Yet, we are told, in a metaphor that carries a special meaning in this book, that “things had worked loose after the first year or so; the marriage had turned out rather badly” (173). What Lily is implying is, I think, to remember that marriage is not time-proof. Lily tells us how separate and bitter the Rayleys’ lives have become, how they went through a phase of misery and violence, and are now “excellent friends” but no longer in love. ” All these serve to strengthen Lily’s belief that she has everything she needs in life, her art mostly, as she imagines saying to her: “It has all gone against your wishes. They’re happy like that; I’m happy like this. Life has changed completely. At that all her being, even her beauty, became for a moment, dusty and out of date” (175).
Realizing her own values in life, her priorities and her concerns, Lily gets free from the influence Mrs. Ramsay had upon her, an influence representing the Victorian concept of women and their role in the society.Lily’s struggle against the Victorian prejudices, as well as Woolf’s feminist stand in the other novels, has a wider, political and social meaning. To the Lighthouse was Journal of International Women’s Studies Vol. 10 #4 May 2009 280 written in 1926, when opportunities for women in the arts were opening up although painting still lagged far behind fiction. Woolf captures a woman painter at moments of breakthrough, not only into professionalism, but also into serious exploration of the emotional and intellectual possibilities of her art.Lily’s growth as an artist coincides with the time in Woolf’s career when she found it possible to synthesize her aesthetic and political views into a single narrative; that is, to espouse the notion of high art as consistent with a feminist viewpoint (White 107).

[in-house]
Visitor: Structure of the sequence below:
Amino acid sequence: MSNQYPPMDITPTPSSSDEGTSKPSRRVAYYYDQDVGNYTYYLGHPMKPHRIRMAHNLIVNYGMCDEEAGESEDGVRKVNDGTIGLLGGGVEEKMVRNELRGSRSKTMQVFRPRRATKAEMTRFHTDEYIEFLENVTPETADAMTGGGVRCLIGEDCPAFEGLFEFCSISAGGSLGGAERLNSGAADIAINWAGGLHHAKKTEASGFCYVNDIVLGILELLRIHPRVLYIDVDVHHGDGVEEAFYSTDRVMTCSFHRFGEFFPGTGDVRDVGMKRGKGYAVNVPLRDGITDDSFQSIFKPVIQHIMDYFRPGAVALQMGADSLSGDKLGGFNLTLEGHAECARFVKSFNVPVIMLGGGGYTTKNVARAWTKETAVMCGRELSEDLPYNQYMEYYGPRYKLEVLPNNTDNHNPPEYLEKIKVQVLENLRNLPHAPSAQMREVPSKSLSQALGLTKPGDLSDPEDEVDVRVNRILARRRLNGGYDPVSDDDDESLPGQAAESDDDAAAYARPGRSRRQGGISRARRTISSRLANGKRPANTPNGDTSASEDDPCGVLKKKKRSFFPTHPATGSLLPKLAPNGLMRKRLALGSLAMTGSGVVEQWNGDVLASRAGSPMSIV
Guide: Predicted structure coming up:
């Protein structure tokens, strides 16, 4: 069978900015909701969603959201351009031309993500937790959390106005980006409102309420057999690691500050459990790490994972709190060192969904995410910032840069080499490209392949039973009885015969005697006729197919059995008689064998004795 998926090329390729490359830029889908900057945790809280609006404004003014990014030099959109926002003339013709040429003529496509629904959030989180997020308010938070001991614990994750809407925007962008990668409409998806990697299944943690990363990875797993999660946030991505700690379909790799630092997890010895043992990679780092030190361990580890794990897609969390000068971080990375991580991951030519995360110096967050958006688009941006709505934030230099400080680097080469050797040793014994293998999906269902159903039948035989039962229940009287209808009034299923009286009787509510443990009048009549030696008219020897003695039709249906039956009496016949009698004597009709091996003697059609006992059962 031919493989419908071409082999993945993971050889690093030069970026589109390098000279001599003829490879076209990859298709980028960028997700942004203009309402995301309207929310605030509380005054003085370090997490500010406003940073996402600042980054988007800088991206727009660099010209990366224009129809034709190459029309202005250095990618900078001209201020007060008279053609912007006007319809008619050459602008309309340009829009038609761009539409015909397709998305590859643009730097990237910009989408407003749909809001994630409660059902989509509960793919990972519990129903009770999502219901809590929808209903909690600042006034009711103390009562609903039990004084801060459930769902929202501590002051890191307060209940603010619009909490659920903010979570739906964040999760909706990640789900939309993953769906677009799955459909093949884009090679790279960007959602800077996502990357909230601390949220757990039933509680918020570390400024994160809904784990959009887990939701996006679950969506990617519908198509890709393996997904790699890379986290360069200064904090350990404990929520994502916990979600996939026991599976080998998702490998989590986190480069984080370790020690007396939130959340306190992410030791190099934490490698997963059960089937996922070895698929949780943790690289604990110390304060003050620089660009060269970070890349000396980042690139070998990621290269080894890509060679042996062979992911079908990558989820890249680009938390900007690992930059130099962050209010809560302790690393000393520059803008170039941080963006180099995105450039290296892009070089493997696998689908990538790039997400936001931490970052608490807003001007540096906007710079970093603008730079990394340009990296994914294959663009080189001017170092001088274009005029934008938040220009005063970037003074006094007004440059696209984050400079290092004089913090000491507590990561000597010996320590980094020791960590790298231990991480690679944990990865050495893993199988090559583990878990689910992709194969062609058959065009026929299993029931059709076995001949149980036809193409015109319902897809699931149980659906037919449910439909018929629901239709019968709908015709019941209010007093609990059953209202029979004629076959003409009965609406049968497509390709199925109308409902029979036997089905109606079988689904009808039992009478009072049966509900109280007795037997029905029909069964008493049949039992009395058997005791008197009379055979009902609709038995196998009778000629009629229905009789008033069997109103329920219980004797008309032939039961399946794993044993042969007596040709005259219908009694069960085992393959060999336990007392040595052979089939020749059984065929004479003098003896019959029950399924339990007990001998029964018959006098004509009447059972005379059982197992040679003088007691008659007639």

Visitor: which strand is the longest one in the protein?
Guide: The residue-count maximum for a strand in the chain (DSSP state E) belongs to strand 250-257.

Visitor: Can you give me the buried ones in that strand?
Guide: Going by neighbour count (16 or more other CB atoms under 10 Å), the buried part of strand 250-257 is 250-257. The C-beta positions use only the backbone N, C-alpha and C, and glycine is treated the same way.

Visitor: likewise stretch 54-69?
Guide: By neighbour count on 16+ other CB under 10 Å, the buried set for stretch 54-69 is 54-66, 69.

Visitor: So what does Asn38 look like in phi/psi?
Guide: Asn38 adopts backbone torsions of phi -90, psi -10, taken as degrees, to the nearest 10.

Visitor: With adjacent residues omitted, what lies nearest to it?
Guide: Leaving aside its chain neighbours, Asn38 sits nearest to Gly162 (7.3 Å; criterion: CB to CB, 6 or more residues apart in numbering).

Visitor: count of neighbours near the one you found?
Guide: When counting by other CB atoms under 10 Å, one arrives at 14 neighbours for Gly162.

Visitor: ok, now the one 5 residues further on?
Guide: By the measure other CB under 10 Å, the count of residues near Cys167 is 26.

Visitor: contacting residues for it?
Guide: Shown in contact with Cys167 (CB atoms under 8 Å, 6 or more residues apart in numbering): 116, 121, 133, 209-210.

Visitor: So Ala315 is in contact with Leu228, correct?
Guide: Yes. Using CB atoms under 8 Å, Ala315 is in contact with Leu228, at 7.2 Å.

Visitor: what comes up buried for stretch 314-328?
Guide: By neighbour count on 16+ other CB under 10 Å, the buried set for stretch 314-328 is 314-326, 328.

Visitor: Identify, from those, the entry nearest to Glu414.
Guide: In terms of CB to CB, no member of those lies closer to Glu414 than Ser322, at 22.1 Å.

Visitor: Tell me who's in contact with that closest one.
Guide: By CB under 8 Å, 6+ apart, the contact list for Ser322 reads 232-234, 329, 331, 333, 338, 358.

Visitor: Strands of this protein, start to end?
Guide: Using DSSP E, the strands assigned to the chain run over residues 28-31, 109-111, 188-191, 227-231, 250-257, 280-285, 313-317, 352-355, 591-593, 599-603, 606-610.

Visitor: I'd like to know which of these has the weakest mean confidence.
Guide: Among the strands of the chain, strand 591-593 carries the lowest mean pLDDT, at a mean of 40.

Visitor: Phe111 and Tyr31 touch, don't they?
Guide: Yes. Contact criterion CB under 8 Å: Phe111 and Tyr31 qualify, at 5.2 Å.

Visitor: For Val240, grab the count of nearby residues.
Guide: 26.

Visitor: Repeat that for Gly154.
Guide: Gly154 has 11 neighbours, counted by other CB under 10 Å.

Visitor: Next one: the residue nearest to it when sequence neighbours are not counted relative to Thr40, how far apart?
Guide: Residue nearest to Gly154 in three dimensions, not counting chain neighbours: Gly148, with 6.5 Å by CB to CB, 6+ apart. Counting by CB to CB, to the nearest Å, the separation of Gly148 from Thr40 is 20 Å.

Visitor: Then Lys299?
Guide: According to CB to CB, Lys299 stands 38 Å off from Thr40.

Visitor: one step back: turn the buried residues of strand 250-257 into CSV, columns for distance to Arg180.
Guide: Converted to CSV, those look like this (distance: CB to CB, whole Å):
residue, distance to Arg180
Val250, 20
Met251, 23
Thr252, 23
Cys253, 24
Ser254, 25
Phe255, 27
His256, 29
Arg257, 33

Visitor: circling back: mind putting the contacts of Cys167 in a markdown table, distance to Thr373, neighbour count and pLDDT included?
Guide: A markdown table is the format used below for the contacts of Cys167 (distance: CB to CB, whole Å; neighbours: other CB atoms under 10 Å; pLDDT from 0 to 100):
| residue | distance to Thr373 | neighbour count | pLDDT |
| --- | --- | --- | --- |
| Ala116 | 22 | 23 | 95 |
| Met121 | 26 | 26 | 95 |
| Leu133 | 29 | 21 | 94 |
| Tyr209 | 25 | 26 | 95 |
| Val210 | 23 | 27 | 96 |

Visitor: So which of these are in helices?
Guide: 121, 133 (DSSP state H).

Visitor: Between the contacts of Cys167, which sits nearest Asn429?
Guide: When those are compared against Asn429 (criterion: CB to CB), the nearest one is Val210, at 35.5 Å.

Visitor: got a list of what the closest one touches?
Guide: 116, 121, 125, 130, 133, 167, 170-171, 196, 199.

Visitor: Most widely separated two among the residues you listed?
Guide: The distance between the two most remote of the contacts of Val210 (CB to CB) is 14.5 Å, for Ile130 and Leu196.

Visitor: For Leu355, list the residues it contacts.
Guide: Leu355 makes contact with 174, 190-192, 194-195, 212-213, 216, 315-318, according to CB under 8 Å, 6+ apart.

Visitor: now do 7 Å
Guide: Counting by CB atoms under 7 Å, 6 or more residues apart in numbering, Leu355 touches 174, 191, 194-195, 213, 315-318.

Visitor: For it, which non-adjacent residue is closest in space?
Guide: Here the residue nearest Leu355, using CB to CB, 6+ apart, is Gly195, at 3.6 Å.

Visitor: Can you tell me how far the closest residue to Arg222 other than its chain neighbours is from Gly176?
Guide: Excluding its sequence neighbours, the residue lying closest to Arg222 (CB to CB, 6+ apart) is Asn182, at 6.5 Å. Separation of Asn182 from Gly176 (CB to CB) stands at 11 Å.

However, Woolf’s feminist stance in this novel is rather moderate, her growing anger at the world’s injustice and brutality so prominent in her previous novels being replaced by a more mature, self-confident view of creativity and art. It seems that she has finally found that peace she needed to accomplish her artistic vision in reconciling Lily Briscoe and Mrs.Ramsay, the painter and the domestic artist, proving indirectly that no matter the “job”, women always have had creative powers. As Christopher Reed and others have pointed out, “modernism was congenial to feminism and to women’s art because the principles of modernism encouraged a certain detachment and inventiveness which tended to preclude older patriarchal conventions” (qtd. in White 107). Resolving the female artists’ conflict with the male muse: thinking back to Leslie Stephen “The Lighthouse”, the last section of the novel, starts with Lily Briscoe’s reflection on the house and its inhabitants after Mrs.Ramsay’s death.